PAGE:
San Luis Obispo County
Sixty-two people have applied to be the next fire chief in San Luis Obispo, and city leaders said Friday they likely will make a decision in November.
The position opened up when Chief John Callahan died Aug. 18 of a heart attack. He had been planning to retire in November.
Greg West, a retired assistant chief from the Los Angeles Fire Department and a close friend of Callahan’s, is serving as interim acting chief.
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The application period for the permanent job closed Sept. 10. The city is screening applicants, and select candidates will be invited to a comprehensive interview with City Manager Katie Lichtig and other city department heads in mid-October.
“I continue to have confidence that the recruitment process will result in the selection of someone who will have a great mix of technical and leadership skills along with commitment to service to the community,” Lichtig said.
— AnnMarie Cornejo
San Luis Obispo
The Disabled American Veterans mobile service office will be in San Luis Obispo on Friday to help veterans learn about and receive benefits and services they have earned.
The DAV will be at the Veterans Memorial building, 801 Grand Ave., from 8 a.m. to 4 p.m. Help from the mobile service office is free to all veterans and members of their families.
“So many veterans feel confused about benefits and services they’ve earned. There’s so much to know ... and so many changes from one year to the next, “the DAV said in a news release encouraging veterans to stop by.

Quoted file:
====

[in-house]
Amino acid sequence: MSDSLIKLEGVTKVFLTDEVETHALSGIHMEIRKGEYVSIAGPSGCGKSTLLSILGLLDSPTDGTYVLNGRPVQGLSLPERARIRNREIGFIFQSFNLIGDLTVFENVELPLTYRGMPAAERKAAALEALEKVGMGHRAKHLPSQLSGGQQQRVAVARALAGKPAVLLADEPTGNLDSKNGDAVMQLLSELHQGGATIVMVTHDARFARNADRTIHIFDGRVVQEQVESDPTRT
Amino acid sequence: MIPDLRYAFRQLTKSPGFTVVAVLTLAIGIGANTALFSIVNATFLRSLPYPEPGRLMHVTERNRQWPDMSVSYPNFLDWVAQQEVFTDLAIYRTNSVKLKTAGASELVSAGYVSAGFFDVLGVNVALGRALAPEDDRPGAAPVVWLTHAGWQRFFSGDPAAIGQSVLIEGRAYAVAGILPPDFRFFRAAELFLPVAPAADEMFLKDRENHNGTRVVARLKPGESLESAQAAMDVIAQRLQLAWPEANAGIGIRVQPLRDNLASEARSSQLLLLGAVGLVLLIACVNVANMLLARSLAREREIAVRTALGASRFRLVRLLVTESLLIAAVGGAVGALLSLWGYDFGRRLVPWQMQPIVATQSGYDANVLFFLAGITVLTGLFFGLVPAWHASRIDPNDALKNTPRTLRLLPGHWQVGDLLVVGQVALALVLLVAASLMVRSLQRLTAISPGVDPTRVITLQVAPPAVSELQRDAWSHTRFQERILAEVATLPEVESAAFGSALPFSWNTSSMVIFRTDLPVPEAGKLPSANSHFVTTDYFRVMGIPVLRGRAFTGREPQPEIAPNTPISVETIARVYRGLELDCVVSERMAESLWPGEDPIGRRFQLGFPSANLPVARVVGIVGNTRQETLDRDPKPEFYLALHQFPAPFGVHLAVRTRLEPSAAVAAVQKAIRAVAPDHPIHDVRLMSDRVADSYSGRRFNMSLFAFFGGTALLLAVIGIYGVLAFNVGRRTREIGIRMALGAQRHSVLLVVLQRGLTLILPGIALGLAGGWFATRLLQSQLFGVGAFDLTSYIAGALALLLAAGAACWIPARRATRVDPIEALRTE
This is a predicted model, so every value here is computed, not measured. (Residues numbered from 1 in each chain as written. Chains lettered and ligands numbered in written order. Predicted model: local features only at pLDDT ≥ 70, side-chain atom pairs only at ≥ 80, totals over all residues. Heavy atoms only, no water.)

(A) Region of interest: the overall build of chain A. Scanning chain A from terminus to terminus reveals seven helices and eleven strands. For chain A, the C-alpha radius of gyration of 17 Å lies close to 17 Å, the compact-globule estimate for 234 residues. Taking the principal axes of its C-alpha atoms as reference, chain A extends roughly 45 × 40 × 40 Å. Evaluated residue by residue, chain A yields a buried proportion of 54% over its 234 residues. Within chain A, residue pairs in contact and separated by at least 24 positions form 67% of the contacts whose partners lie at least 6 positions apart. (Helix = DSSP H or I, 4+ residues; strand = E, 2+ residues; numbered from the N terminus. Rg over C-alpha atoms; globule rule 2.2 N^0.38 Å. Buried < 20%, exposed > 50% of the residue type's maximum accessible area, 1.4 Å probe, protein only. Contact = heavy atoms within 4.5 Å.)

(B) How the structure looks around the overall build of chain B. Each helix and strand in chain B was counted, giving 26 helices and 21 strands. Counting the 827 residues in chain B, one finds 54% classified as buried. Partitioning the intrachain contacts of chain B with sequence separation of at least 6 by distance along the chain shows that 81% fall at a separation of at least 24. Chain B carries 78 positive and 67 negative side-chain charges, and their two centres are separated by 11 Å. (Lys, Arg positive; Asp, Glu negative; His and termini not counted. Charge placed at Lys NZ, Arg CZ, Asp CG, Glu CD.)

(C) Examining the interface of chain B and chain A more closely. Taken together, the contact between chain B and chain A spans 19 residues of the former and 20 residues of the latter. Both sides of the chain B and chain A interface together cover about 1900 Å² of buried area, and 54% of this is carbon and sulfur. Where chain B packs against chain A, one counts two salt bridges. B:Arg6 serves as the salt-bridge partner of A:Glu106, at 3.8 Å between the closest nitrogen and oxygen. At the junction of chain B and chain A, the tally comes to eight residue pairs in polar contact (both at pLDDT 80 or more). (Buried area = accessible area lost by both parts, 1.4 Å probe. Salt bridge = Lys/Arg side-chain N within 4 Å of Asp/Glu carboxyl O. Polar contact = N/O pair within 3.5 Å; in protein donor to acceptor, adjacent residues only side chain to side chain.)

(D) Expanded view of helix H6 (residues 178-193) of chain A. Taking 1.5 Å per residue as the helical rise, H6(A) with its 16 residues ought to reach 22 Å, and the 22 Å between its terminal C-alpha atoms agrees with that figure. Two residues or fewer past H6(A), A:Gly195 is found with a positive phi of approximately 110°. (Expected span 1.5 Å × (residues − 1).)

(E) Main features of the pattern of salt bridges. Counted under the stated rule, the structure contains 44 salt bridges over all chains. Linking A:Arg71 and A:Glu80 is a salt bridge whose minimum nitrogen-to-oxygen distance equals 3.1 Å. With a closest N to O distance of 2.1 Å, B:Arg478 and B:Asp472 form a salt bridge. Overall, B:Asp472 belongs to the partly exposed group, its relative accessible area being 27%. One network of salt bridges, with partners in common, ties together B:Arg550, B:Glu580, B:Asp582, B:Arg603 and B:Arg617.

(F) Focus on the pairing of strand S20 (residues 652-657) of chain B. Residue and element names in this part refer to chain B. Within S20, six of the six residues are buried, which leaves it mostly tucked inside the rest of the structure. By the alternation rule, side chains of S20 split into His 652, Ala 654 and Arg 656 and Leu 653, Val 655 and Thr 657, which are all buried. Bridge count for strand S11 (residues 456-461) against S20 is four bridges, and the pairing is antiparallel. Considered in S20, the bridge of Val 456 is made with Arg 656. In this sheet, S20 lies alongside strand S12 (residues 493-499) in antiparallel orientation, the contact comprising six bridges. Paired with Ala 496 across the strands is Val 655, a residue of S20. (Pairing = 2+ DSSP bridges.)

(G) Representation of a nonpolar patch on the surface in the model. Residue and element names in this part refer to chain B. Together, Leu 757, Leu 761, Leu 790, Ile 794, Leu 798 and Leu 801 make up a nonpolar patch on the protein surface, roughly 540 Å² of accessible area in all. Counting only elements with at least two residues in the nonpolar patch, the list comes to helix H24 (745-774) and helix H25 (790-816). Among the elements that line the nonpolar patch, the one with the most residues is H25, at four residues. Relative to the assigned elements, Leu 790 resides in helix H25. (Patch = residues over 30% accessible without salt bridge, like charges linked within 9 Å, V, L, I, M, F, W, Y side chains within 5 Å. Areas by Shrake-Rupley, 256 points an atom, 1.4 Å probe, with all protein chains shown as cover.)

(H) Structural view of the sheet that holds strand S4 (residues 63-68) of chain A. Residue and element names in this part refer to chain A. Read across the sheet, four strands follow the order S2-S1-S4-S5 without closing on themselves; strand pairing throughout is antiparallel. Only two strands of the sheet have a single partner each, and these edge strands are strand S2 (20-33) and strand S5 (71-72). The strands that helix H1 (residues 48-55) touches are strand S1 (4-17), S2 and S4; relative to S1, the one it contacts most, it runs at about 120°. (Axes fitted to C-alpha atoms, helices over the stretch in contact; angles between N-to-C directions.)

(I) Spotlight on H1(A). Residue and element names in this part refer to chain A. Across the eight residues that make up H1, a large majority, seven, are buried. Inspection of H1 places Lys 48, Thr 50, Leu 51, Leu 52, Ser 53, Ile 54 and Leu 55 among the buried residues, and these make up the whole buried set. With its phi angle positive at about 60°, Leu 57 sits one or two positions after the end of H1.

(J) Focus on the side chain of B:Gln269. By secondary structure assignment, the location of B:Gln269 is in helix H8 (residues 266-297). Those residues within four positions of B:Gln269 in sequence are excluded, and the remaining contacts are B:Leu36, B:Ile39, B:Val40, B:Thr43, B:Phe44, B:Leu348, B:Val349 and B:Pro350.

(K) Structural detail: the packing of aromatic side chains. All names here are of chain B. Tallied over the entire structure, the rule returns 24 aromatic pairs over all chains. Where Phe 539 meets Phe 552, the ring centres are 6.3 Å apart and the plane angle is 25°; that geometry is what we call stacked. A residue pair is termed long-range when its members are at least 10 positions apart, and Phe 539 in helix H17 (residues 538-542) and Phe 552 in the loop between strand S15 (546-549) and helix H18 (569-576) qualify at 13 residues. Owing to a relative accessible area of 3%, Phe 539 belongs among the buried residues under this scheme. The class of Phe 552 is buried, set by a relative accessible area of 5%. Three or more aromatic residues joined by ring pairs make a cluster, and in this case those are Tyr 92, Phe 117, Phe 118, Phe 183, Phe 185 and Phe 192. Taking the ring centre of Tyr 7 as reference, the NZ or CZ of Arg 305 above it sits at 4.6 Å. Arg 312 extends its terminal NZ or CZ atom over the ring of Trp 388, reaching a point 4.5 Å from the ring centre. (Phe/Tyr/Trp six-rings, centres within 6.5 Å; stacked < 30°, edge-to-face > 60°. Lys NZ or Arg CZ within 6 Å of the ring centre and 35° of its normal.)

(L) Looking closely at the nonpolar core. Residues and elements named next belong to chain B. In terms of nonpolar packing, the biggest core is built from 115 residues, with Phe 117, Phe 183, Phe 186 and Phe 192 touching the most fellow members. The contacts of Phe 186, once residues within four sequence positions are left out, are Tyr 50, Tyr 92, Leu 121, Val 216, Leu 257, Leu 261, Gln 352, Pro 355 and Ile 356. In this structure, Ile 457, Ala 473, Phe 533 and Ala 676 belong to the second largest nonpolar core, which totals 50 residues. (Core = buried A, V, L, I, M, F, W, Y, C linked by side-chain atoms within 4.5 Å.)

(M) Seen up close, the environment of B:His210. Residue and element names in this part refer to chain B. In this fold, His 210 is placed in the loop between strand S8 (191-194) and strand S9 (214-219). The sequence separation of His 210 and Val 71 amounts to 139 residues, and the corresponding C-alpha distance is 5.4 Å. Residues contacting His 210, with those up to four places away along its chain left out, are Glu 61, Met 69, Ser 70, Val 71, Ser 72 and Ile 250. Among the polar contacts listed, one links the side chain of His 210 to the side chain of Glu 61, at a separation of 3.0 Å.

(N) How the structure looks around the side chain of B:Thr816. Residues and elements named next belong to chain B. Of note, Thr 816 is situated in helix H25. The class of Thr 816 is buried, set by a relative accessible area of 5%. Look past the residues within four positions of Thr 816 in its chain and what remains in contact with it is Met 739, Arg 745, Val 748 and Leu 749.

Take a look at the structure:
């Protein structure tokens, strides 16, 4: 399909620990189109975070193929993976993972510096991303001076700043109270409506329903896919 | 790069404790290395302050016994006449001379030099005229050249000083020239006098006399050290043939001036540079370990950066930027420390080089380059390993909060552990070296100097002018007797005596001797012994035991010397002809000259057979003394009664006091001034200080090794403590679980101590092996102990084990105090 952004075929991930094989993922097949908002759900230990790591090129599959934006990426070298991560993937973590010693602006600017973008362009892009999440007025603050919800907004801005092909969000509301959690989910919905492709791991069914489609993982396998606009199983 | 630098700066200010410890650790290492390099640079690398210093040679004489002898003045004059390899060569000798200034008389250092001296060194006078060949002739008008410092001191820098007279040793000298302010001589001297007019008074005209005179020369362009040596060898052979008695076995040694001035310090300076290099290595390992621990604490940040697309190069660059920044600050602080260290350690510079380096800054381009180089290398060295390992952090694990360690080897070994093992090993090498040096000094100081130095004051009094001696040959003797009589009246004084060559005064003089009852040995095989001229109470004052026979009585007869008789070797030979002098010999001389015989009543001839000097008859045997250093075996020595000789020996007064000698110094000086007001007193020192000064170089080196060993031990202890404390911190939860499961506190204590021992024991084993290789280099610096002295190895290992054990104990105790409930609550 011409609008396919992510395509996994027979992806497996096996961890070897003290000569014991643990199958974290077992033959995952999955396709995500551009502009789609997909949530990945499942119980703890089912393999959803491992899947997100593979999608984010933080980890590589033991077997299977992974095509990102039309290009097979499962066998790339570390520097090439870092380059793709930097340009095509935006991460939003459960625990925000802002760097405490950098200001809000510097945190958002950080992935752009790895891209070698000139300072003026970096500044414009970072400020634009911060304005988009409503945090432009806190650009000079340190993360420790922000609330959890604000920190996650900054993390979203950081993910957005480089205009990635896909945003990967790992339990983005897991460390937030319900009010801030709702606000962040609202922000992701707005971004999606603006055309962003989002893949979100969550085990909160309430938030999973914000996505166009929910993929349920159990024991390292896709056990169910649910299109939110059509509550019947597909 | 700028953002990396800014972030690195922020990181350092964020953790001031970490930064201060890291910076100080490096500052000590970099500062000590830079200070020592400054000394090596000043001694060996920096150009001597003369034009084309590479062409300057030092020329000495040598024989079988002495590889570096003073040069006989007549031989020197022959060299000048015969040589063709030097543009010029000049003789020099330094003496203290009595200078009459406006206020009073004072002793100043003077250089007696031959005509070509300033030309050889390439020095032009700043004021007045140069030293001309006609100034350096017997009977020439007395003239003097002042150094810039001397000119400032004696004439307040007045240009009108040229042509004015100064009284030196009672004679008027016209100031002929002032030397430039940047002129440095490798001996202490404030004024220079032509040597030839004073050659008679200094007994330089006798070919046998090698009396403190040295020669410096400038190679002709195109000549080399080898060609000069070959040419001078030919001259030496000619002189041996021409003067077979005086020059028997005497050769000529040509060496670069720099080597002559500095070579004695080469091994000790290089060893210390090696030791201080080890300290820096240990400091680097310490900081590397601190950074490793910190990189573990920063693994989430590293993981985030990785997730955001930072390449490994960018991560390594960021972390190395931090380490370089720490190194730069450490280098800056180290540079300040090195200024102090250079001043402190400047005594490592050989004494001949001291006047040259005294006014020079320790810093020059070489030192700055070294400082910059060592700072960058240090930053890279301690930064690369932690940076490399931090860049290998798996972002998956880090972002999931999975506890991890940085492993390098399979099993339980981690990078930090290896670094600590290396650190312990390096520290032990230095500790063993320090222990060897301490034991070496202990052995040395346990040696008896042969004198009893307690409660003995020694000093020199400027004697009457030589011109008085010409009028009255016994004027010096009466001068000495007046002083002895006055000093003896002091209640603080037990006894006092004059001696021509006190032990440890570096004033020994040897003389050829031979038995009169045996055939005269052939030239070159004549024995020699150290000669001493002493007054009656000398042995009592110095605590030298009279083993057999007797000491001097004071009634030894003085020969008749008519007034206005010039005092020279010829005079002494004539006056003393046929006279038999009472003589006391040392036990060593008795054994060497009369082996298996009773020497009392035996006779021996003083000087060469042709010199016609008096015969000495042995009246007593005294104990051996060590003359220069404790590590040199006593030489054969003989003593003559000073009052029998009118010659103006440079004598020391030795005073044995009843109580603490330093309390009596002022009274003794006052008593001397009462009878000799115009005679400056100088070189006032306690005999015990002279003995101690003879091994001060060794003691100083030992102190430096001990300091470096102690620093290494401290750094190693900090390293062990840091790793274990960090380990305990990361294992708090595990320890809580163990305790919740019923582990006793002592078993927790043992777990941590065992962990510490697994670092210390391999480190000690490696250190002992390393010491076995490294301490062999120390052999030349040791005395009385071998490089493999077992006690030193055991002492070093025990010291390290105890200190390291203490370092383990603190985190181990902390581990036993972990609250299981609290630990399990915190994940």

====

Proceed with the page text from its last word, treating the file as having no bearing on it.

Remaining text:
For more information, call Paul Varela at 310- 477-2539.
— Bob Cuddy
San Luis Obispo County
Central Coast residents who have been turned down for health coverage because of pre-existing conditions are now able to apply for coverage under a “pre-existing condition insurance pool,” according to Rep. Lois Capps, D-San Luis Obispo.
“Thanks to the passage of health care reform, insurance companies will no longer be able to deny children under age 19 coverage based on a pre-existing condition,” Capps wrote in a news release.
“In 2014 that protection extends to all consumers. In the meantime, the new pre-existing condition insurance pool will be a bridge to provide an option for those who have been denied coverage,” she wrote.
“Insurance plans in the new high-risk pool will be available at a lower cost than in California’s current and much smaller program,” Capps wrote.
Capps is urging those interested in applying to submit their name, mailing address, phone number and email address to PCIP@mrmib.ca.gov. Applicants will be alerted when forms become available. Applications will also be posted at www.mrmib.ca.gov/.
In order to qualify, an individual must document that he or she has been denied coverage because of a pre-existing condition in the past 12 months, and has been without insurance for the past six months, Capps wrote.
The state of California, she wrote, is expected to receive $761 million to operate its high-risk pool between now and 2014.
Although California currently operates its own state high-risk pool, resources have been limited, allowing the state pool to serve no more than 7,100 subscribers per month.
With the federal money available under the Affordable Care Act, California will be able to serve more individuals and reduce premiums significantly, Capps wrote.
— Bob Cuddy
The Five Cities Fire Authority is sponsoring a blood drive to benefit the United Blood Bank on Monday from 1 to 7 p.m. It will be held at the Headquarters Station, 140 Traffic Way, Arroyo Grande. For more information, contact Capt. Paul Quinlan at 473-5490.
— Cynthia Lambert